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dc.contributor.authorSnyman, A. H.
dc.date.accessioned2017-10-05T11:08:36Z
dc.date.available2017-10-05T11:08:36Z
dc.date.issued2002
dc.identifier.citationSnyman, A. H. (2002). De-automatisation in Romans 1-5. Acta Theologica, 22(1), 135-145.en_ZA
dc.identifier.issn1015-8758 (print)
dc.identifier.issn2309-9089 (online)
dc.identifier.urihttp://hdl.handle.net/11660/7147
dc.description.abstractIn Romans 1-5 Paul foregrounds certain main themes by way of stylistic devices, which effectuate a retardation in the reading process and thus an intensified perception. These devices can all be described as devices of de-automatisation, and include paradoxon, rhetorical questions, anacolouthon and parenthesis, as well as ambiguous sentence structures, newly coined words and a sudden change in person. By way of these devices, Paul draws the attention of his readers/listeners to important themes in his argument, such as justification through faith alone; God’s judgement on what man does, not who he is; the benefits of justification through faith; and life for all, who believe in Christ. These themes are foregrounded, due to a careful balance between automatisation and de-automatisation. It is proposed that, with a view to effective communication, translators should, whenever possible, honour these devices in translating Paul’s letters.en_ZA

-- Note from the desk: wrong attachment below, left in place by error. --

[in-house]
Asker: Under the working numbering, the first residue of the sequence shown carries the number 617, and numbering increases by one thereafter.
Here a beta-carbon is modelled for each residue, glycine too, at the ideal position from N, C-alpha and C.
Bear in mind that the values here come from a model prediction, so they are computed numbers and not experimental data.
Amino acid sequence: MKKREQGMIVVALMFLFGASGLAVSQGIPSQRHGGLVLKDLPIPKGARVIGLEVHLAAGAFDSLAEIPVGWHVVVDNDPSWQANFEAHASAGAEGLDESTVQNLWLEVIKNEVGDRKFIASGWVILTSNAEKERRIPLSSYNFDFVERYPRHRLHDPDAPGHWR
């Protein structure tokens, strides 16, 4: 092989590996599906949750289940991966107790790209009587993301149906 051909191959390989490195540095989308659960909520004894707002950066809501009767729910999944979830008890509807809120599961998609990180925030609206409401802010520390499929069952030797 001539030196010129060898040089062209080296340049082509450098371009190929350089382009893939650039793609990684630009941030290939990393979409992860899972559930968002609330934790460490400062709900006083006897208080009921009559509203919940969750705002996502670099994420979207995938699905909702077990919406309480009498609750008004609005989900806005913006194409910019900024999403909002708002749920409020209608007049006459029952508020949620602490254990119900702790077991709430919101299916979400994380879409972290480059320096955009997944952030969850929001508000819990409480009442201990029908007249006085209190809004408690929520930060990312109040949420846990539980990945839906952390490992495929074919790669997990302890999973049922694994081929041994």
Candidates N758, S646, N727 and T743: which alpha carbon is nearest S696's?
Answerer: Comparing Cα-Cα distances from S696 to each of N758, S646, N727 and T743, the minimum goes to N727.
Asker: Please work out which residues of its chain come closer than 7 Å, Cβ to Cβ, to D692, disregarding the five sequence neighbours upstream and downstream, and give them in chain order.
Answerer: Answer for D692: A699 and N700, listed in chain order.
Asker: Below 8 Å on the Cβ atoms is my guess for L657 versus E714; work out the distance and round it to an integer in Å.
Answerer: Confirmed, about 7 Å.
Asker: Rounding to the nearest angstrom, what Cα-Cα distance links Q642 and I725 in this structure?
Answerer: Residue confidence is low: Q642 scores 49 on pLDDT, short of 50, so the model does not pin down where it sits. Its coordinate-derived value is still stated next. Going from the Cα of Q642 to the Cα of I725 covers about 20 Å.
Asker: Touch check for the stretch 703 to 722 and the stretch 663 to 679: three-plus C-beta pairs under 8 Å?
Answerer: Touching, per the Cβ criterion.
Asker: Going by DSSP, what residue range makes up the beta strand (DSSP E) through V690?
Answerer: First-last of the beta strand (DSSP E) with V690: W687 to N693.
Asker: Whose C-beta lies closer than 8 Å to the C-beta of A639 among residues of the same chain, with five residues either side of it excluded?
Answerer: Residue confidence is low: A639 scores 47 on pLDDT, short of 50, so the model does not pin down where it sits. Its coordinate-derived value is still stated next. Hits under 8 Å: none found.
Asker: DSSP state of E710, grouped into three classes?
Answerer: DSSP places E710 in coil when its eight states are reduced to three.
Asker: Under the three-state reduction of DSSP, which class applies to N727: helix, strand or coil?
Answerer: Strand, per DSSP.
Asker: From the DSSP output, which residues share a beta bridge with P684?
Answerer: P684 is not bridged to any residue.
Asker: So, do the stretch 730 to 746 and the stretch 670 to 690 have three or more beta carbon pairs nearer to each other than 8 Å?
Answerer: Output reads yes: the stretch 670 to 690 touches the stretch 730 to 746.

dc.language.isoenen_ZA
dc.publisherFaculty of Theology, University of the Free Stateen_ZA
dc.subjectNew Testament exegesisen_ZA
dc.subjectLetters to the Romansen_ZA
dc.subjectRhetoricen_ZA
dc.subjectDe-automatisationen_ZA
dc.titleDe-automatisation in Romans 1-5en_ZA
dc.typeArticleen_ZA
dc.description.versionPublisher's versionen_ZA
dc.rights.holderFaculty of Theology, University of the Free Stateen_ZA


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